What is The History Behind The Sandwich

What is The History Behind The Sandwich

The History of The Sandwich

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History of The SandwichPhiladelphia, PA - Sandwiches, They're Everywhere. If a rose by any other name would still be a rose, then a sandwich by any other name would still be a sandwich.


 

The History of The Sandwich

The common belief is that John Montague, the 4th Earl of Sandwich, invented this culinary delight sometime in the 18th century. While this isn't entirely accurate, it's a topic for future discussion. We'll just accept that belief at face value for our present purpose.

Sandwiches are one of the marvels of the world. I've never found anyone who doesn't like a sandwich of one sort or another. Sandwiches are found in all cultures. Sandwiches are served in fast-food restaurants, upscale restaurants, in low-scale restaurants, in greasy spoons, and of course, in our own kitchens.



They are eaten for breakfast. Have you ever seen a fast food place that doesn't have its own version of a "breakfast sandwich," which the hungry eater can quickly grab from the drive-through window and wolf down while racing to work in the morning?



Sandwiches are usually the preferred lunchtime choice for most people, and sandwiches are frequently eaten the last thing at night for those who don't like to go to bed hungry.

Modern Day Sandwiches



In this day and age, when most of us are racing from place to place all day long, the sandwich is often eaten for dinner. That way, the family no longer has to waste time sitting down together to savor a meal lovingly put together by mom.

Our supermarkets are very helpful to us in that they sell packages of sandwich meat ready to go. At one time, the sandwich was made up of the leftovers from the previous night's dinner. Now, since many of us don't actually eat meals that allow for leftovers, these pre-packaged sandwich meats have solved this problem.

While it is true that when food is placed between two pieces of bread, the result, since the 18th century, has been to call the result "a sandwich," we frequently find the sandwich called by other names. For example, we will generally just ask for a hamburger or a hotdog. Both the hamburger and the hotdog are served between two pieces of bread, but in their cases, we generally omit the word "sandwich." However, that does not preclude the fact that they are both sandwiches.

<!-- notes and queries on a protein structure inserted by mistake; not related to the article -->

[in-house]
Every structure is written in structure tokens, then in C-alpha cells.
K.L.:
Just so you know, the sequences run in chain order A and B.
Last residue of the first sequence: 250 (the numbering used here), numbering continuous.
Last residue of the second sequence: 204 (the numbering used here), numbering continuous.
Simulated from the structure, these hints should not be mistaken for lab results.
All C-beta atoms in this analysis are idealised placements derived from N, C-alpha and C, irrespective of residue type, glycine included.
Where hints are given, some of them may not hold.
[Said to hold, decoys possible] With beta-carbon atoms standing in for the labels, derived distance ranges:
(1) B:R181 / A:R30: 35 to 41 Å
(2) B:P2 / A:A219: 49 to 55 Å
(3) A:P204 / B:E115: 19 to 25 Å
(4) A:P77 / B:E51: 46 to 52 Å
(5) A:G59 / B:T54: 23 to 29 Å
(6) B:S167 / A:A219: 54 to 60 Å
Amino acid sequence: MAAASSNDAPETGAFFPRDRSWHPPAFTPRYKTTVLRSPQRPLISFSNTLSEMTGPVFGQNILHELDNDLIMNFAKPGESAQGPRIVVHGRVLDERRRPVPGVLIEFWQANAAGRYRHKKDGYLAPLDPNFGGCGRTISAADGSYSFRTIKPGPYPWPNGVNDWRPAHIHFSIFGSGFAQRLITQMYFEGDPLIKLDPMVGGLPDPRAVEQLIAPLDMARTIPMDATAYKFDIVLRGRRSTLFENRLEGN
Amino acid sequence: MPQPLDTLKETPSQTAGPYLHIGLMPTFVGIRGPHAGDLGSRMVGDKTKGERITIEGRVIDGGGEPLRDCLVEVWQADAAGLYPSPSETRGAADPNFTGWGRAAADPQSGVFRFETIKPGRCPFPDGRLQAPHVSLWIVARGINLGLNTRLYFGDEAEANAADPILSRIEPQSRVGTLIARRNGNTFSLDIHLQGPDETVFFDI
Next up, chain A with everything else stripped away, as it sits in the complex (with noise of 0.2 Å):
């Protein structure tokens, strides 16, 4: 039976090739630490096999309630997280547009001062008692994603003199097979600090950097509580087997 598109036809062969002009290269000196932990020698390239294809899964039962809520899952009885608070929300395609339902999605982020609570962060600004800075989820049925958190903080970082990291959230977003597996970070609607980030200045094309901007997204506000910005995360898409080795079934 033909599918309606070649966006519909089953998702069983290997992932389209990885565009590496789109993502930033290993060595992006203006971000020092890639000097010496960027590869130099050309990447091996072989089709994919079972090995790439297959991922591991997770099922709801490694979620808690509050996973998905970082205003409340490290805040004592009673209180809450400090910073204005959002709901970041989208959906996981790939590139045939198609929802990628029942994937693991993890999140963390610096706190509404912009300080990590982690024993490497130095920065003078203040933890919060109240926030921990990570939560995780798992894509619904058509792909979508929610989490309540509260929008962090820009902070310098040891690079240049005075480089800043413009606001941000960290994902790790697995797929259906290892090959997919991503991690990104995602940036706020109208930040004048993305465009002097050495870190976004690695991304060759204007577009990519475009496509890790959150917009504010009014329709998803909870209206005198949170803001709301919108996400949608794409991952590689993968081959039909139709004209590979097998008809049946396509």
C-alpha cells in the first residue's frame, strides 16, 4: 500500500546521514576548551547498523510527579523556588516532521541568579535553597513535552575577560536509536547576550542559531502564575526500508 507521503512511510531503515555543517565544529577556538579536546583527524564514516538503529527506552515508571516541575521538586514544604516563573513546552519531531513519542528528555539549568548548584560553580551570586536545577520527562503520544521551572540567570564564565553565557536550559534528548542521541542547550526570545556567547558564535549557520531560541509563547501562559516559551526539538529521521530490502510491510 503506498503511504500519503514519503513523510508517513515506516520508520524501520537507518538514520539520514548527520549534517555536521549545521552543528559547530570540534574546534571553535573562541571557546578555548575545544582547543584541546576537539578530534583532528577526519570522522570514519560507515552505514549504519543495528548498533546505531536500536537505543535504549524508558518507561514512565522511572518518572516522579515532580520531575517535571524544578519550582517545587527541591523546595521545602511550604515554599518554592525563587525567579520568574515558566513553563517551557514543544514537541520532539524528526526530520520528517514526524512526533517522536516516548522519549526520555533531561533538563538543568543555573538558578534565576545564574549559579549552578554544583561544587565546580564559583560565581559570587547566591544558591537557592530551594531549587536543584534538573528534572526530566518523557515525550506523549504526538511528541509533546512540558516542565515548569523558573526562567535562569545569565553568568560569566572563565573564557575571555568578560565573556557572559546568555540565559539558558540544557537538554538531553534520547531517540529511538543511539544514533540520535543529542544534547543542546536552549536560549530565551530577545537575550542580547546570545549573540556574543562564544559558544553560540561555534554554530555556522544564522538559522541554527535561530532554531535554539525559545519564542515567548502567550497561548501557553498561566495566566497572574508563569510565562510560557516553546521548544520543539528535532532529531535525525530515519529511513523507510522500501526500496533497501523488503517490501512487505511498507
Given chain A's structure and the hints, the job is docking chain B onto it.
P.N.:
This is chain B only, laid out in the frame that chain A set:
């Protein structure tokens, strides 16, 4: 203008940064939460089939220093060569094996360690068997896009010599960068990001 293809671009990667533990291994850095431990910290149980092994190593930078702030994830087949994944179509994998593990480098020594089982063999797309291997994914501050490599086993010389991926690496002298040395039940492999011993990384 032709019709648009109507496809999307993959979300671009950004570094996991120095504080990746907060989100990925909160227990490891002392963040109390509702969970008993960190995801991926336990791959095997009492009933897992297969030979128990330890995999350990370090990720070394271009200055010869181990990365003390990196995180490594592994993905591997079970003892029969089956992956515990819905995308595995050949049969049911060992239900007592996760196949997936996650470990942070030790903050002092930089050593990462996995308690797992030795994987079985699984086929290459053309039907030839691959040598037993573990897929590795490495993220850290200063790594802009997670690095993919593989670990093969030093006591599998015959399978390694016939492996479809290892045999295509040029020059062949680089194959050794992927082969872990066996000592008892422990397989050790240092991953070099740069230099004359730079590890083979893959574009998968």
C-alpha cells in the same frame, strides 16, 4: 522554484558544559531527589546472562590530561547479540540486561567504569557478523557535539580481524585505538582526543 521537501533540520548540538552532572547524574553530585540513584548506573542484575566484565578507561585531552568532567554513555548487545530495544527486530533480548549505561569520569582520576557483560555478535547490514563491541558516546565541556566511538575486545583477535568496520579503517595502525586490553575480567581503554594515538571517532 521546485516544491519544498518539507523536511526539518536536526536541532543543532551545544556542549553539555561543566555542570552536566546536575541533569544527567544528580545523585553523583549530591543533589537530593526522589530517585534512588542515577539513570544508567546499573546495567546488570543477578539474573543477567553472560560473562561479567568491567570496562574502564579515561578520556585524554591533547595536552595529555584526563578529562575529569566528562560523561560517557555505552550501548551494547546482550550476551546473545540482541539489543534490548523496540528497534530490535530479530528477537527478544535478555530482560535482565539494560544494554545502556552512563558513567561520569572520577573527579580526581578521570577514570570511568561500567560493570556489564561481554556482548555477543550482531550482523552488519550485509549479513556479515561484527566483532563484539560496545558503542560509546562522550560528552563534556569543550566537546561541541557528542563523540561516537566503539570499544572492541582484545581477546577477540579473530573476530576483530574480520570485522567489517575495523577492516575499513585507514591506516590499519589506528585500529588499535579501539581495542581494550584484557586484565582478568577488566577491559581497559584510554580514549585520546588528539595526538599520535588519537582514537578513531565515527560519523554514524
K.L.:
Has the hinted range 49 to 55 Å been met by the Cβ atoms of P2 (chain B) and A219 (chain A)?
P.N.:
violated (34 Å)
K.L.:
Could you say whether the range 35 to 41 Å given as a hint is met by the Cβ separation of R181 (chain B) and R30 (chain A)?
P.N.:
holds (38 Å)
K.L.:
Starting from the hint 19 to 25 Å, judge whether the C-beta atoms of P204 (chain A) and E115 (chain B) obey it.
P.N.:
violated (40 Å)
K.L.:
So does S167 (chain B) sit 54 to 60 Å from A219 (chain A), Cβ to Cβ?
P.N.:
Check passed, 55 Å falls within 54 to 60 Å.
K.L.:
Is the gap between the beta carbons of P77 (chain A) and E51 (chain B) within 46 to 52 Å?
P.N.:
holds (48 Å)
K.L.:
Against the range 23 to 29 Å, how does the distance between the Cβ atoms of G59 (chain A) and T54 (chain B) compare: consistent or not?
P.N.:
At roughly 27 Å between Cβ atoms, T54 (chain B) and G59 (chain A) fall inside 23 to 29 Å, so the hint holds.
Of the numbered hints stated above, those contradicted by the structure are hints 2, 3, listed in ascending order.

Another example of a sandwich called by another name is the "hero," which is generally some kind of meat surrounded by a loaf or half a loaf of Italian bread. My favorite hero is a meatball hero. This is generally three (or more) meatballs, squeezed between half a loaf of hard, crispy Italian bread. A spicy tomato sauce is slavered over the meatballs, then covered with mozzarella cheese and microwaved, just enough to lightly melt the cheese.

There is also the "hoagie," the "Dagwood," the "belly burner," all of which are sandwiches. The names by which the typical sandwich masquerades are almost endless, but no matter what they are called, when something is placed between two pieces of bread, it is still "a sandwich."

Everyone has their own favorite sandwich, which is generally a concoction that only they will eat. One of my brothers, for example, will make a simple sandwich consisting solely of catsup put between two pieces of white bread. Someone else I know loves to put peanut butter on white bread (only white bread), over which he puts slices of banana. My personal favorite, and get ready to be impressed, is one I generally make the day after Thanksgiving. I take two pieces of buttered white bread (only white bread), between which I squeeze slices of leftover turkey, topped with leftover stuffing, topped with leftover cranberry sauce. Then, I take the whole thing and squeeze it, bite by bite, into my dainty mouth.

When I think about it, and I don't believe that I am alone in this, I actually like the day after a big meal better than the feast day itself (Christmas, Thanksgiving, Easter, or whenever). All the hoopla accompanying these days is past, all the cooking is done, and I am alone with the leftovers and my imagination and anything, or any combination of ingredients goes. And that is another fascination of the sandwich: anyone can be a chef and creatively produce their own food masterpieces.

So hail to the sandwich, whatever you call it, whatever you place between two pieces of bread, whenever you eat it, the sandwich is a work of art: a rose by any other name is still a rose and a sandwich, by any other name is still a sandwich. To paraphrase a well-known expression: what this world need is a perfect sandwich and as many of them as it can get.


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